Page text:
Will Windows ‘Live’ Suit EU?

Microsoft, accused and convicted of monopolistic abuse practices in the U.S. and European Union, has taken the ultimate step of unbundling Windows from Windows.

Windows Live and Office Live, announced on Tuesday, are Web-based services that offer some of the functionality of the desktop products. You don’t need Windows to use them.

In case the audience at the press conference didn’t grok the import of Microsoft Chairman Bill Gates’ announcement of the offerings, CTO Ray Ozzie spelled it out: “Let me reiterate,” he said. “These are wholly separate from Windows. You can use Windows Live with or without Windows.”

It’s a big step away from its bundling strategy.

Bundling software was what got Microsoft in trouble with the U.S. Department of Justice and the European Union. Redmond settled with the DoJ in 2001.

In March 2004, the EU Competition Commission ruled that Microsoft’s bundling of Windows Media Player with the Internet Explorer browser stifled competition from other media players. It also said its desktop software had an unfair advantage due to its tight integration with Windows server software. Microsoft appealed the ruling in June 2004; the appeal could take up to five years.

Since then, Longhorn, Microsoft’s next-generation OS, has gone from rumor to reality in the form of a beta version of the product, now Korea — the question on a lot of minds at yesterday’s announcement was, “What about Vista?”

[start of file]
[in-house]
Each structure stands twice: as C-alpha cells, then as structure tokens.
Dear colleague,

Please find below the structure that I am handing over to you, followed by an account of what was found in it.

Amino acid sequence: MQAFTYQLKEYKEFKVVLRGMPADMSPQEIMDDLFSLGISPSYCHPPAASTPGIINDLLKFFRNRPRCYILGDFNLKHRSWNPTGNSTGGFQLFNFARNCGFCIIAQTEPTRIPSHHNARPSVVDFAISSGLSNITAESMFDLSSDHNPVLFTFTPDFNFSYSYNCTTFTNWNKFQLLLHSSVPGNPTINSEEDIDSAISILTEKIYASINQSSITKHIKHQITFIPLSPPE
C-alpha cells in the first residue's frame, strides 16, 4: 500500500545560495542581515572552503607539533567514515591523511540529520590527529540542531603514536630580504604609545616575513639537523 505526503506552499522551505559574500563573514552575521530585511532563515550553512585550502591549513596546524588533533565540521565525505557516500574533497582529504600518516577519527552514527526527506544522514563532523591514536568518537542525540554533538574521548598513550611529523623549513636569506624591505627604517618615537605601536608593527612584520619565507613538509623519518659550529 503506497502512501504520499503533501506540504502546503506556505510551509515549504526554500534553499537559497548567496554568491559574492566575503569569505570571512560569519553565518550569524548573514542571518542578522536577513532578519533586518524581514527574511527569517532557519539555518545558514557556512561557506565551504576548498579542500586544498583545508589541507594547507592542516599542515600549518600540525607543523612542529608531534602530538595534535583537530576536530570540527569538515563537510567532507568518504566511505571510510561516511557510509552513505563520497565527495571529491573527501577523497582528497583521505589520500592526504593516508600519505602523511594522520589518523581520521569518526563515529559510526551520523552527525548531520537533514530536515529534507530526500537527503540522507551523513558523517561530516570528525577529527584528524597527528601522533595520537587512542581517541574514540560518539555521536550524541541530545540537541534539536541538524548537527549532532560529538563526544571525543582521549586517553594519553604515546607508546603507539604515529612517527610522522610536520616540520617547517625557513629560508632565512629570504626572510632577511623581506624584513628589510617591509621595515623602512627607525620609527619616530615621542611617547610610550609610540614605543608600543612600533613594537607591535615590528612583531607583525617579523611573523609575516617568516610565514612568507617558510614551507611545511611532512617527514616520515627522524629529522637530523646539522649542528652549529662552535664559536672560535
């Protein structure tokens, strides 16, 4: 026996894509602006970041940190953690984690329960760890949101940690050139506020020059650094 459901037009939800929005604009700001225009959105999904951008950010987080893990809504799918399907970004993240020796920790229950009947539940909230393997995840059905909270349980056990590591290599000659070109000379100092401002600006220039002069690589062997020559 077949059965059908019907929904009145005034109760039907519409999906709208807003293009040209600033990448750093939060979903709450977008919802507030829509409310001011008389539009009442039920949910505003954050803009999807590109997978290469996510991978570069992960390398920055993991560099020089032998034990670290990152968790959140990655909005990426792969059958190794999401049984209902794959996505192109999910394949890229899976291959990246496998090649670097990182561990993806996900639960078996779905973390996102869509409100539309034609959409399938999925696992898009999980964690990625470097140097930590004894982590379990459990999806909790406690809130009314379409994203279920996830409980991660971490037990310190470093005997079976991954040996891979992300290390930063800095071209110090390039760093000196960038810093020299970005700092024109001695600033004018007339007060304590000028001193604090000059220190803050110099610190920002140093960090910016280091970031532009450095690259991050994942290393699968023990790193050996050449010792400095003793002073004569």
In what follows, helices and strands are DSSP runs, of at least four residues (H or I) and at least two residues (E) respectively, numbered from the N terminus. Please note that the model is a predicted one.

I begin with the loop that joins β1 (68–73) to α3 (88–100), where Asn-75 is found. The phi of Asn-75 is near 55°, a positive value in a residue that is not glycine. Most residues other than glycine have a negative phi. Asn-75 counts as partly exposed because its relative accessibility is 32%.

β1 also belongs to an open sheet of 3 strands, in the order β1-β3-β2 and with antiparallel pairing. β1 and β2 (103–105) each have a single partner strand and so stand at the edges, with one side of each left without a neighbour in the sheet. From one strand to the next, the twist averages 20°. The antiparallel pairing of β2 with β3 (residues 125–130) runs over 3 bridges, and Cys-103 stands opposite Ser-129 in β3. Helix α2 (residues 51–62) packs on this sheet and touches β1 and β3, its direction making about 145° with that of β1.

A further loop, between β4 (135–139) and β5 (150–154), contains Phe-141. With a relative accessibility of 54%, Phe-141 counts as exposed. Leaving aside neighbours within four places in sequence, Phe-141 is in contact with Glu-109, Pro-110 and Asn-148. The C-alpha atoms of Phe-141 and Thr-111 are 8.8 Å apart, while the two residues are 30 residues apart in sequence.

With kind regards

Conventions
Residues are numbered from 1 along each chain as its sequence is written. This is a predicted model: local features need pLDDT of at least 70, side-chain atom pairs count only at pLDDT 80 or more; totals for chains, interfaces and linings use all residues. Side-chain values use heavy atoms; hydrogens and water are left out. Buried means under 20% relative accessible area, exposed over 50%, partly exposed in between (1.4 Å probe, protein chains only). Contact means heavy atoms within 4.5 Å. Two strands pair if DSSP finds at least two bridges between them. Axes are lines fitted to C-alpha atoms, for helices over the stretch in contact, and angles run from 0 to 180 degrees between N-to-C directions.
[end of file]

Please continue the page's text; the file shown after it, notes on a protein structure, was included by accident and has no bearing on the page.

Vista promises a new level of integration with Windows server products, as well as with MSN. Since Longhorn is being built from the ground up, Microsoft might have argued that the EU commission’s 2004 ruling didn’t cover it. Instead, Redmond chose a less divisive strategy.

Not only will it offer free or subscription-based access to Windows and Office via any browser, Microsoft also will allow third parties to build on the same interfaces that Windows Live uses.

“Everything that Windows Live connects to in Windows is done through published interfaces,” Gates said. “There will be competition. People will take those interfaces and build services to take advantage of them. Part of our responsibility is that we make that information available and give people those opportunities.”

Providing this access is similar to what the EU ordered Microsoft to do with its server protocols: make them openly available so that others could build competitive products.

The interfaces will include AJAX , RSS , Web services, client APIs , managed code and native code. Services will connect to non-Microsoft devices, including Macintosh computers and devices and non-Windows mobile phones.

Said Ozzie, “We’re embracing an architectural model that enables people to plug arbitrary services into our user experience, because that’s what users want.” The APIs will allow mash-ups combining Microsoft services with those of others. “We do not believe that we have the ability to conceptualize all the different things that people would like,” Ozzie said.

This spaghetti-against-the-wall approach has been used successfully by eBay , Amazon.com , Yahoo and Google, all of which provide open application programming interfaces (APIs) that let anyone build applications and services that rely on Web services and data they provide.

This new direction, which Microsoft calls “live software,” will enable Redmond to compete with its Internet-native rivals for the hearts and minds of developers at startups who just might come up with an offering as popular as, say, the Flickr photo-sharing service that was later snapped up by Yahoo.

And it also doesn’t hurt that Windows Live might soothe the souls of antitrust regulators everywhere.

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